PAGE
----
For this book, I knew we needed to hear from fat kids, and from boys, nonbinary kids, Black kids, and anyone else who isn’t a thin white girl because for way too long, we have assumed that only thin white girls get eating disorders. As someone who grew up a thin white girl and then first reported on eating disorders for women’s magazines (made by, and sold to, mostly thin, white girls and women), I absolutely thought this was a “my demographic” problem, and that restrictive eating disorders, especially, only happened to thin people. Then I reported this piece in 2019, and understood that actually, we only think this because we’ve been shoving down those other narratives for so long. The eating disorder treatment community doesn’t even know what to do with them; fat and otherwise marginalized people are very, very used to having their disordered eating symptoms dismissed or even encouraged by healthcare providers just happy to see them losing any weight. This means they are often much sicker when they do finally access treatment, and that they may be under-treated or mistreated for way too long.
But even with that understanding, it was a challenge to diversify the sources for this book for the same reason it’s a challenge (but shouldn’t be) for white journalists to diversify our sources in general: We live in our own echo chambers; we put call-outs for sources on our social media feeds, or we reach out to organizations primarily serving white people. I had to consciously push past that and be pretty explicit at times that I was looking for kids of color, or I was looking for fat kids, or former fat kids or parents of fat kids to interview. There are still a lot of thin white girls in the book; they are a part of this conversation too. But I’m really proud that we hear from a bunch of fat kids and kids of color, often at crucial points.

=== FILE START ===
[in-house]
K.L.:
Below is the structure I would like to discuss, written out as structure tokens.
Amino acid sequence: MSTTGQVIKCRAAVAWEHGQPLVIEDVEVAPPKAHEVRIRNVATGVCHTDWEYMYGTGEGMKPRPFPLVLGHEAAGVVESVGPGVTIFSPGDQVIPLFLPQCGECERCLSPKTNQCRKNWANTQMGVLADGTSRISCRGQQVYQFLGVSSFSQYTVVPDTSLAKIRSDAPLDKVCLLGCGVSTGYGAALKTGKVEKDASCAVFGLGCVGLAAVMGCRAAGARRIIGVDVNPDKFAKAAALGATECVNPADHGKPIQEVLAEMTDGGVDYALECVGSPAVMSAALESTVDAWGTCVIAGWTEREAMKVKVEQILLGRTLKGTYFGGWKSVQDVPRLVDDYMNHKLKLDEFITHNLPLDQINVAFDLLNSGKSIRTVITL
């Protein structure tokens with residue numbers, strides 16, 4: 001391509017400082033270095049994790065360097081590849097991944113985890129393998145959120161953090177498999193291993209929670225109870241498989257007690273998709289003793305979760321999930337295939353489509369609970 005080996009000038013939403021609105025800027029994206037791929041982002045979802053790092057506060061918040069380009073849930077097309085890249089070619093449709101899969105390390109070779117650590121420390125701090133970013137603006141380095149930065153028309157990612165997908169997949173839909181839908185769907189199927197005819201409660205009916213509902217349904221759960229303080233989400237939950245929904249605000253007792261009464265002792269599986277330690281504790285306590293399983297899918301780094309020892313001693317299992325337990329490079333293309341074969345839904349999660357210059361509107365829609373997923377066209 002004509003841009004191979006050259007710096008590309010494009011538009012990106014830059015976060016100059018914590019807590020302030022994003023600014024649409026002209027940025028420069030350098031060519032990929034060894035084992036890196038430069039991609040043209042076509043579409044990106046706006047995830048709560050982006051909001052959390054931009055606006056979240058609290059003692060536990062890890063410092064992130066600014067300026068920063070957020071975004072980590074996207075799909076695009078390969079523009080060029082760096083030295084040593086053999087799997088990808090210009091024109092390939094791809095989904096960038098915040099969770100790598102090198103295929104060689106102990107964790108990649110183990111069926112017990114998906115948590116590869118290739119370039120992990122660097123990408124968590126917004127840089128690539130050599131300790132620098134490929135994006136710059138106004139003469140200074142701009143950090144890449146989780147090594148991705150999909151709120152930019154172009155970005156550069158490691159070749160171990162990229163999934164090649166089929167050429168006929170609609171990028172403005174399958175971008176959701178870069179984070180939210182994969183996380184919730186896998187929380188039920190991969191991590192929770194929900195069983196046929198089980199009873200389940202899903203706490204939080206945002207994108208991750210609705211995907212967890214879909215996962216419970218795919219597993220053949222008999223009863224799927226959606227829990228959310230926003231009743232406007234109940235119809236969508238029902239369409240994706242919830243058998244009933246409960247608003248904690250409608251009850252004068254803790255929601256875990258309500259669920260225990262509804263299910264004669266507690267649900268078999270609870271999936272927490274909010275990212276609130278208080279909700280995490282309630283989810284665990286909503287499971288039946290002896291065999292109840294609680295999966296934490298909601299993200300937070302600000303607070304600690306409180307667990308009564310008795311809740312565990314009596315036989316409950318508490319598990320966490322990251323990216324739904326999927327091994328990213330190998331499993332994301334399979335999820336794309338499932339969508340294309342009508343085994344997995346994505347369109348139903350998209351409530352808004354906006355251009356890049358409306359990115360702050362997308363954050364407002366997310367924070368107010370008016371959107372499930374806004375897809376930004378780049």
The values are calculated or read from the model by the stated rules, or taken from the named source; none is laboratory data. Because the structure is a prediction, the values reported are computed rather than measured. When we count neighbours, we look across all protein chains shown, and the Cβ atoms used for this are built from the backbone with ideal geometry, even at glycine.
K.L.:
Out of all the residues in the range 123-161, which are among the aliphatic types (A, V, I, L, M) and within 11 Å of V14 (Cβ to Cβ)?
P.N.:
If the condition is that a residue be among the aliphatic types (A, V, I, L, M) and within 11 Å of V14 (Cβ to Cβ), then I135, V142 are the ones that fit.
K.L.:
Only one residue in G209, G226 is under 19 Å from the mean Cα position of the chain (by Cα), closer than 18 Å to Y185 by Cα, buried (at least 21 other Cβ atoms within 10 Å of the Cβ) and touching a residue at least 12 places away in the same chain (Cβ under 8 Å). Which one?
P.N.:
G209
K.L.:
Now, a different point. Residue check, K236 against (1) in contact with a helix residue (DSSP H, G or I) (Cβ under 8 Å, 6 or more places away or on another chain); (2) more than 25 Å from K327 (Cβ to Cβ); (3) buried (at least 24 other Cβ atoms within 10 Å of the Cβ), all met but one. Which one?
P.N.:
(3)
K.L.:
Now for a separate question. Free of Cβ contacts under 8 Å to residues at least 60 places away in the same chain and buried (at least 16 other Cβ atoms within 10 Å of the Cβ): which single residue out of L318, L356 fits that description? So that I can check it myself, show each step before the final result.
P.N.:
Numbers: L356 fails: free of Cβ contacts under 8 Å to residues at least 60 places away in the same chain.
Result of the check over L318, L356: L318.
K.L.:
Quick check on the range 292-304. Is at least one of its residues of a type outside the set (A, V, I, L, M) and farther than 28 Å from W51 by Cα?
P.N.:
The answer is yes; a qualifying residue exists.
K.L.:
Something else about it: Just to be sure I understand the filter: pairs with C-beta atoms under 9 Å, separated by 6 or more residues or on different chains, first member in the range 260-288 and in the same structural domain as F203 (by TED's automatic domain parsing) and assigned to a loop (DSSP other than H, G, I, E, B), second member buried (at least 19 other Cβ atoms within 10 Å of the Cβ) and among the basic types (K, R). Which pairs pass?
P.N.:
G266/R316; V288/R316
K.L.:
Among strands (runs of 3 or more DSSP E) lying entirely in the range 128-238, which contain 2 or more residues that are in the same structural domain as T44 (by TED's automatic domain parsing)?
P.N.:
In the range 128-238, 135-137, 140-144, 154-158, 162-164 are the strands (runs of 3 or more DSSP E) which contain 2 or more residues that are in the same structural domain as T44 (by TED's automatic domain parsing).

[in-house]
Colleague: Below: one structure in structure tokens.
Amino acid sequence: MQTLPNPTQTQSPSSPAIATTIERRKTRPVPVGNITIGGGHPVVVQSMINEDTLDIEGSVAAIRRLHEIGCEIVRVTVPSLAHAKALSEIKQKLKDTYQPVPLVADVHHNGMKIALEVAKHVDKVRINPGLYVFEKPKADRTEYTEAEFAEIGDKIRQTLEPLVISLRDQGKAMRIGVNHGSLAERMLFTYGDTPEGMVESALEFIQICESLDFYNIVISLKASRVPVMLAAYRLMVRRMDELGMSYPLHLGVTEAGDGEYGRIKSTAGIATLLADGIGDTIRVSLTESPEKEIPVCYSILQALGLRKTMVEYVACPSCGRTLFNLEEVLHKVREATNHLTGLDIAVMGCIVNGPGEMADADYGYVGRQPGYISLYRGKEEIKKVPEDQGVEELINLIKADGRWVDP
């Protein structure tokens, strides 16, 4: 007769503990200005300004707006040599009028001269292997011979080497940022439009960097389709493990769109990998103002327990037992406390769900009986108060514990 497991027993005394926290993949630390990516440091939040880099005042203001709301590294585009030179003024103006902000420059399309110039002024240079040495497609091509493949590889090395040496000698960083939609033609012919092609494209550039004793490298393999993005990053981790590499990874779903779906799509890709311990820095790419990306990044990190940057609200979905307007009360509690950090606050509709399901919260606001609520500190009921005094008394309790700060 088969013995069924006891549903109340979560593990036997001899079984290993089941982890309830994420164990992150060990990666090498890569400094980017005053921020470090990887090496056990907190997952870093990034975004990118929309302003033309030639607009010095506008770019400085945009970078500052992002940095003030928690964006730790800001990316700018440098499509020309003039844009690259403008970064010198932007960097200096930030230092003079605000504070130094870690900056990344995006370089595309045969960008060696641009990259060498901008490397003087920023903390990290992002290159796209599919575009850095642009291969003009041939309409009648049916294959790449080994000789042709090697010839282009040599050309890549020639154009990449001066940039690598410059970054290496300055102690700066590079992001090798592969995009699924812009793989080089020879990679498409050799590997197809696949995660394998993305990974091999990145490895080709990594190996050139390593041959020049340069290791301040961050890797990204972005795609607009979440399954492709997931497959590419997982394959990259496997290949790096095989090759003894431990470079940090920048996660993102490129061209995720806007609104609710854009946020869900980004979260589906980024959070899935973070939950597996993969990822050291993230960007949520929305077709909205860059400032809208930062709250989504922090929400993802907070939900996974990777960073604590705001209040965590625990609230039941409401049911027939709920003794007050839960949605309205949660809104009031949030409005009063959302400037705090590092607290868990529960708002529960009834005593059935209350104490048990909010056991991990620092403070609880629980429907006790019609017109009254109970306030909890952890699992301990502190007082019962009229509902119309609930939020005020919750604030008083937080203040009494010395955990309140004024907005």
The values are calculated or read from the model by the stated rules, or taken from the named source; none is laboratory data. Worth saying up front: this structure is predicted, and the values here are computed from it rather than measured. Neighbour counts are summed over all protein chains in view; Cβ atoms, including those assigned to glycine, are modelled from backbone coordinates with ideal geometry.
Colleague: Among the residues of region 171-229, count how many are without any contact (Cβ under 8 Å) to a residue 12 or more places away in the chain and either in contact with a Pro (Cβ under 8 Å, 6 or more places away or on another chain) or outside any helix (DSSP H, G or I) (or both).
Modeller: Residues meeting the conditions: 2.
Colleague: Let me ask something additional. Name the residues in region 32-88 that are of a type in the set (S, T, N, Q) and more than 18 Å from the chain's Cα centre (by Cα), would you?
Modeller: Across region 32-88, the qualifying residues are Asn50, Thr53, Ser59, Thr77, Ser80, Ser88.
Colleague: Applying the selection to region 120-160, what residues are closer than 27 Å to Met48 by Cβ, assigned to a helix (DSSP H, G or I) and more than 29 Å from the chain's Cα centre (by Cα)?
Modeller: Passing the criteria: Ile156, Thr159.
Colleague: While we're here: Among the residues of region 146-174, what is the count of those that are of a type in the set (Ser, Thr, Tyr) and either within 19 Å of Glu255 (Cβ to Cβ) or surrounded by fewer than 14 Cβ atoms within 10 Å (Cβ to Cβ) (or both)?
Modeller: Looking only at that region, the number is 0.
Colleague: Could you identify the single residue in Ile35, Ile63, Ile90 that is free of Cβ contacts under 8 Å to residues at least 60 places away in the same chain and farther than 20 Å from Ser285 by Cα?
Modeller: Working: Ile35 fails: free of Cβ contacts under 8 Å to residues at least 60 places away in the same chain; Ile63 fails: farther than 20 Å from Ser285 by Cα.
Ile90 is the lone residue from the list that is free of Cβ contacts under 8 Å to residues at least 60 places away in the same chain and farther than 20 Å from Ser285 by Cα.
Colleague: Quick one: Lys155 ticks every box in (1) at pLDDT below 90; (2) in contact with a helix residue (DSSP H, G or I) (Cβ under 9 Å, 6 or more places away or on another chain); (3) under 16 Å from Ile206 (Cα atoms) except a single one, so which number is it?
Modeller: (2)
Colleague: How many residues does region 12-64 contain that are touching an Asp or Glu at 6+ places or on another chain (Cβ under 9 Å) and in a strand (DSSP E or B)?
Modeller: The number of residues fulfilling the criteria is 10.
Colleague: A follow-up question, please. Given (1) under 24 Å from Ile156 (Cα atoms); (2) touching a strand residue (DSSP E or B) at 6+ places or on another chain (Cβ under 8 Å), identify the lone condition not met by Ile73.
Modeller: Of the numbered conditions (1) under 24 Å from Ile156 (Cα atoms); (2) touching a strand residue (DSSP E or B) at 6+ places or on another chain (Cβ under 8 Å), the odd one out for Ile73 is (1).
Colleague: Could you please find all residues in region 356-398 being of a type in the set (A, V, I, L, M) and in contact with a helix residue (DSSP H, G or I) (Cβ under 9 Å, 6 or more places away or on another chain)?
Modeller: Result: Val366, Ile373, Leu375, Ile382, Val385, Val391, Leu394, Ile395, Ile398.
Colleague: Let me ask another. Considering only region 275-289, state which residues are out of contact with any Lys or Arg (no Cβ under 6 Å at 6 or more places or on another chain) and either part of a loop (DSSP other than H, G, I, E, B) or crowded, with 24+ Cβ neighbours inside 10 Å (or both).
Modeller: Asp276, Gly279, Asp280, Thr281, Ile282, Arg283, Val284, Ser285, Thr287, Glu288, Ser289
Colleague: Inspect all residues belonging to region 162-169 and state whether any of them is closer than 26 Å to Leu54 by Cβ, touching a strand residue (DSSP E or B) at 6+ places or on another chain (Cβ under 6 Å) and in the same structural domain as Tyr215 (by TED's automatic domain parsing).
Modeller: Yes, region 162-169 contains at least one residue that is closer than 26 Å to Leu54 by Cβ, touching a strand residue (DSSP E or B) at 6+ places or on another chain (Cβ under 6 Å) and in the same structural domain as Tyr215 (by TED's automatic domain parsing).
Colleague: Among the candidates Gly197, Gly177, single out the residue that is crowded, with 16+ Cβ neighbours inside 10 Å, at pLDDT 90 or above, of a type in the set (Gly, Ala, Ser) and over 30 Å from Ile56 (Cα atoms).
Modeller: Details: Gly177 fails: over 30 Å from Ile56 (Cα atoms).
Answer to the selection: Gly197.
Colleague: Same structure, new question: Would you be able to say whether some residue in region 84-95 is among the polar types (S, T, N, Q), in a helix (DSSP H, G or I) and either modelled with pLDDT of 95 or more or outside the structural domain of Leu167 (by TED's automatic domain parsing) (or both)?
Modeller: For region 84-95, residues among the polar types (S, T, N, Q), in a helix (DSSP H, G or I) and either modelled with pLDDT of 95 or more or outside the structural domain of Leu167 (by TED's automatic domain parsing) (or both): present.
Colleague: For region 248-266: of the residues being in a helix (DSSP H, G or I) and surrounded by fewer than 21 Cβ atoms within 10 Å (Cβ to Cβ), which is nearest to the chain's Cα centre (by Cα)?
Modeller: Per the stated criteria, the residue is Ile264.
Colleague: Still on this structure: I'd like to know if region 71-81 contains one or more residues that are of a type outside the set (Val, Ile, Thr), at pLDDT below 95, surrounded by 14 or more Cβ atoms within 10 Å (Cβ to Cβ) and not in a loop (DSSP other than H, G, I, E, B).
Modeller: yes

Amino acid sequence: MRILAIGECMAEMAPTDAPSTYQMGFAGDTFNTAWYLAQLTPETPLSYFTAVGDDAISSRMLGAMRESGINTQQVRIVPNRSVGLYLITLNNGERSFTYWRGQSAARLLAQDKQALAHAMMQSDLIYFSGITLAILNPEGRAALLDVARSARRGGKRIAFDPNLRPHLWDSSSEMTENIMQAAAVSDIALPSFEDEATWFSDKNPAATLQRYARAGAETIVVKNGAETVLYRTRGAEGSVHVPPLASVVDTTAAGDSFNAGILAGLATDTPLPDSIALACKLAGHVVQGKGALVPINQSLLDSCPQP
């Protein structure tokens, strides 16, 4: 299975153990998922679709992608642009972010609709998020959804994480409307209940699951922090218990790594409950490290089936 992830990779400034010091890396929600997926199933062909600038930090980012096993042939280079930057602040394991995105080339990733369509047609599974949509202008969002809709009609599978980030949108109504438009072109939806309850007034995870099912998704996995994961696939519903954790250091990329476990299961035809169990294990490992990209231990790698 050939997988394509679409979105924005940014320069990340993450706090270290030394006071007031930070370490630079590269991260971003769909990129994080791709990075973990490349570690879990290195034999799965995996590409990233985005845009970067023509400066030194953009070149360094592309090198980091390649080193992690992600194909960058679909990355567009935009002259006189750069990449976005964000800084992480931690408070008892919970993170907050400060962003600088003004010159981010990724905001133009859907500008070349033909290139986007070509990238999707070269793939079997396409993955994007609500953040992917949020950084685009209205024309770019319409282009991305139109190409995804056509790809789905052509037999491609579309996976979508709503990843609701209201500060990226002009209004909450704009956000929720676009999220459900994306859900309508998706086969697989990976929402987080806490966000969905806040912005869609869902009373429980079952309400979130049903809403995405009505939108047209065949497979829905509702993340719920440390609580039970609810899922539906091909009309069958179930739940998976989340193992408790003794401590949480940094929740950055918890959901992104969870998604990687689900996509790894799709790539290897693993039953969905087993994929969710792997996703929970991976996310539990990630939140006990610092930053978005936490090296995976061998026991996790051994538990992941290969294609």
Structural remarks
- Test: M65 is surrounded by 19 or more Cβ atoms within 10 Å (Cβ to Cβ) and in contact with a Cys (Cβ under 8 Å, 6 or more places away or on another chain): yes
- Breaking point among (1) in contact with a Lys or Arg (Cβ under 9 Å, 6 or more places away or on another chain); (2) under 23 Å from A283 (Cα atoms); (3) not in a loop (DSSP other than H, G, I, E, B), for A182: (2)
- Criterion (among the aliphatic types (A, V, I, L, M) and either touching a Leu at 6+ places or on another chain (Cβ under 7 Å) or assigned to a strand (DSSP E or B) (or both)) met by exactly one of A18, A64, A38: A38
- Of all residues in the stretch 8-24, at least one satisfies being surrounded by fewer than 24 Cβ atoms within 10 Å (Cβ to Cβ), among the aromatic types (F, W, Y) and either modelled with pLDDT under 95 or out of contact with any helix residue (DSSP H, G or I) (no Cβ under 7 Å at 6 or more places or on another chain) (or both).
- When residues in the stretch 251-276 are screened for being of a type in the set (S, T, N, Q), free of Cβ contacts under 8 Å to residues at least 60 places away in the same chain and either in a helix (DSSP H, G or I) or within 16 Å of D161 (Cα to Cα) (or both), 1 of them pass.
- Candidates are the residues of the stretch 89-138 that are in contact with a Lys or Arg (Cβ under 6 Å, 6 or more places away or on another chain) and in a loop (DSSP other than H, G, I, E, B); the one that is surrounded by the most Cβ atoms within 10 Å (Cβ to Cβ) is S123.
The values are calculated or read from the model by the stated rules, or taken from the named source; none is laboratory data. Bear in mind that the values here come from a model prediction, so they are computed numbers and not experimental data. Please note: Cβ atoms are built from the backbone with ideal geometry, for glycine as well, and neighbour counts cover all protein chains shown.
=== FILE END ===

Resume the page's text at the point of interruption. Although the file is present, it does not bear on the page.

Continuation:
In terms of the interview process: I reported this book almost entirely over Zoom and was only in-person with a handful of sources (all adults). That was due to Covid, of course, and it’s a completely different process than I’ve ever used before; for my first book, I spent significant time in person with every source who is a main character in a chapter. There were obvious drawbacks, but I found with kids especially, it could work really well. They were often Zooming with me in their bedrooms or other comfy spaces, which put them at ease. (And if I were in person, I wouldn’t be like, “hi 15-year-old, let’s go hang out in your bedroom!”) A lot of them also opened up over text in ways that surprised and delighted me.
And so many moments with these kids reoriented and radically changed my thinking. I think the throughline was hearing how often a kid wanted their parent to just be there for them; not to try to fix it (because too often, when parents encounter a child’s body anxieties, the “fix” is a meal plan or joining a sports team or doing something else in the name of “healthy habits” that becomes a diet). But just to sit with them in the hard feelings. God, we as a culture (and me as a person and parent) are so, so bad at that.